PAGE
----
A former advertising executive who once had ties to the "Gayle King Show" was convicted Tuesday of kidnapping his ex-wife, holding her hostage for nearly 12 hours and burning down the Connecticut home they used to share.
The jury in Hartford Superior Court convicted 62-year-old Richard Shenkman of all charges. His ex-wife testified that Shenkman, who could face the rest of his life in prison, fired a handgun near her head, prepared a noose and claimed to have rigged the house with explosives as police surrounded it.
The standoff ended when Shenkman came out of the burning home and pointed a handgun at his head. Police subdued him and took him into custody. Shenkman's lawyer mounted an insanity defense, but the prosecutor argued that Shenkman was just acting mentally ill to avoid prison.
Shenkman, who didn't testify, has been detained since his arrest. He is the brother of Mark Shenkman, founder and president of one of the nation's largest money management firms, Shenkman Capital Management. His former advertising firm, Primedia, once produced the former "Gayle King Show," starring Oprah Winfrey's best friend.
In 2009, police said Shenkman kidnapped his ex-wife, attorney Nancy Tyler, from a downtown Hartford parking garage at gunpoint and forced her to drive about nine miles to the South Windsor home they once shared.
Authorities said Shenkman and Tyler were due in court for a divorce-related hearing later that morning, and he was supposed to turn over the house to her or face jail time for contempt of court.
Tyler testified at the trial about her harrowing ordeal, saying Shenkman fired a handgun twice near her head, prepared a noose for her and claimed to have rigged the house with explosives as swarms of police surrounded the home. Tyler had called a friend on her cell phone in concern over seeing Shenkman's minivan near her Hartford office and urged her to call police just before she was kidnapped.
Tyler said that Shenkman handcuffed her to an eyebolt in a basement wall at one point, and that she managed to unscrew the bolt and run outside when Shenkman went upstairs to check on police activity.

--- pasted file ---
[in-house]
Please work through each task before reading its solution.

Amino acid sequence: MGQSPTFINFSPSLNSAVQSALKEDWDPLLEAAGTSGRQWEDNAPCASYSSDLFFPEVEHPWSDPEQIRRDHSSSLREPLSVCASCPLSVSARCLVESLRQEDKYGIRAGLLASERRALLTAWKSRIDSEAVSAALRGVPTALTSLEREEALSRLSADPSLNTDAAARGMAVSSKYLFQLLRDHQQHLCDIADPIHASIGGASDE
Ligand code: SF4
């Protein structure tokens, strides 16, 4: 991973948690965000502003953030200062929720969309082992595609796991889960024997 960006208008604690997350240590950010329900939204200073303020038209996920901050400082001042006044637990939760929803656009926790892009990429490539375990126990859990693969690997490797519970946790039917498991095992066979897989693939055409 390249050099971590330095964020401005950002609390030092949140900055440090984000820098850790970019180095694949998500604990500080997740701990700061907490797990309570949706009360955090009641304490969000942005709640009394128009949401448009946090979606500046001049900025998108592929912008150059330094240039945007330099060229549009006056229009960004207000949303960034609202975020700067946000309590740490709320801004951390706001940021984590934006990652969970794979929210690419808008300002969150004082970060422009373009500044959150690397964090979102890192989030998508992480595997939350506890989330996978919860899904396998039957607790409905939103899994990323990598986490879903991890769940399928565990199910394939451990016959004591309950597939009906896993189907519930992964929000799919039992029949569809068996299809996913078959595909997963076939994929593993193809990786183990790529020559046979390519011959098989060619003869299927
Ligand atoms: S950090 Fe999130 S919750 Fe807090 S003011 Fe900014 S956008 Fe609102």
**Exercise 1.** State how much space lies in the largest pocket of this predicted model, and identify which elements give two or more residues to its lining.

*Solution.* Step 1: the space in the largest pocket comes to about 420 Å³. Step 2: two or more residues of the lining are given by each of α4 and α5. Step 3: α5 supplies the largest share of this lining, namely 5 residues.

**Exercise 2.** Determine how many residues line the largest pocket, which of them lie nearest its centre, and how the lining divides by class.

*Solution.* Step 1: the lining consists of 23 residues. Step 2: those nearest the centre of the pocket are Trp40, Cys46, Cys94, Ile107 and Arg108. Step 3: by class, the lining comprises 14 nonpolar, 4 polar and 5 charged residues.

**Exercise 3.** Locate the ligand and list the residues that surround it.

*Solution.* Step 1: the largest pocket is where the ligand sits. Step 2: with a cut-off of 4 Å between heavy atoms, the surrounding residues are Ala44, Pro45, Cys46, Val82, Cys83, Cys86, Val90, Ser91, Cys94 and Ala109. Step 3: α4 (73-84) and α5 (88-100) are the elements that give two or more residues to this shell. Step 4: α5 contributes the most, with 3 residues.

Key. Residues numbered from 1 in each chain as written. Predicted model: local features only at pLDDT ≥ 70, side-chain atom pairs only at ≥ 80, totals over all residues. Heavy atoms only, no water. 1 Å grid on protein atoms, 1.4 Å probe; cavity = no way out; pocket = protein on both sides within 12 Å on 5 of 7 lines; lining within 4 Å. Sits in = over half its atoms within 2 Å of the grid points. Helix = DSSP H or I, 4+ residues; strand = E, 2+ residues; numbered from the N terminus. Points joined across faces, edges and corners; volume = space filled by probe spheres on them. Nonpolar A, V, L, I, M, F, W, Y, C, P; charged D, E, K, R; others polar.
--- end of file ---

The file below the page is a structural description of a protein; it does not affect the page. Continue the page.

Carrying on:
Shenkman talked on the phone to dispatchers and police officers several times during the crisis. The jury listened to the recorded conversations, in which Shenkman sometimes sounded frantic, screamed and several times counted down the seconds to his threatened killing of Tyler.
Police testified that the nearly 15-hour standoff ended when Shenkman came out of the burning home and pointed a handgun at his head. Minutes later, officers shot Shenkman with rubber bullets and used a stun gun on him twice before subduing him and taking him into custody.
Shenkman and Tyler married in 1993 and she filed for divorce in 2006. A judge approved the divorce in 2008, but court proceedings continued as Shenkman appealed.
His lawyer, Hugh Keefe, called to the witness stand two prominent psychiatrists who evaluated Shenkman after the standoff and agreed that he was psychotic. Keefe also disputed the arson charge, suggesting that police caused the fire when they fired gas canisters into the house.
But prosecutor Vicki Melchiorre told the jury that Shenkman was just acting mentally ill to avoid prison and insisted he started the fire. She said Shenkman kidnapped Tyler and burned down the uninsured home because he was upset she filed for divorce and he didn't want her to have the house.
"Fear of going to jail is not psychotic," Melchiorre said, "especially when you're a 60-year-old, short, out-of-shape guy with an annoying disposition. It's not something that would make him popular in jail."
Tyler also testified that Shenkman had learned before the kidnapping that he could get his way in many situations if he acted crazy.
Shenkman also awaits trial on another arson charge connected to the burning of his and Tyler's beachfront home in East Lyme in 2007, just hours before he was to hand it over to her as part of the divorce.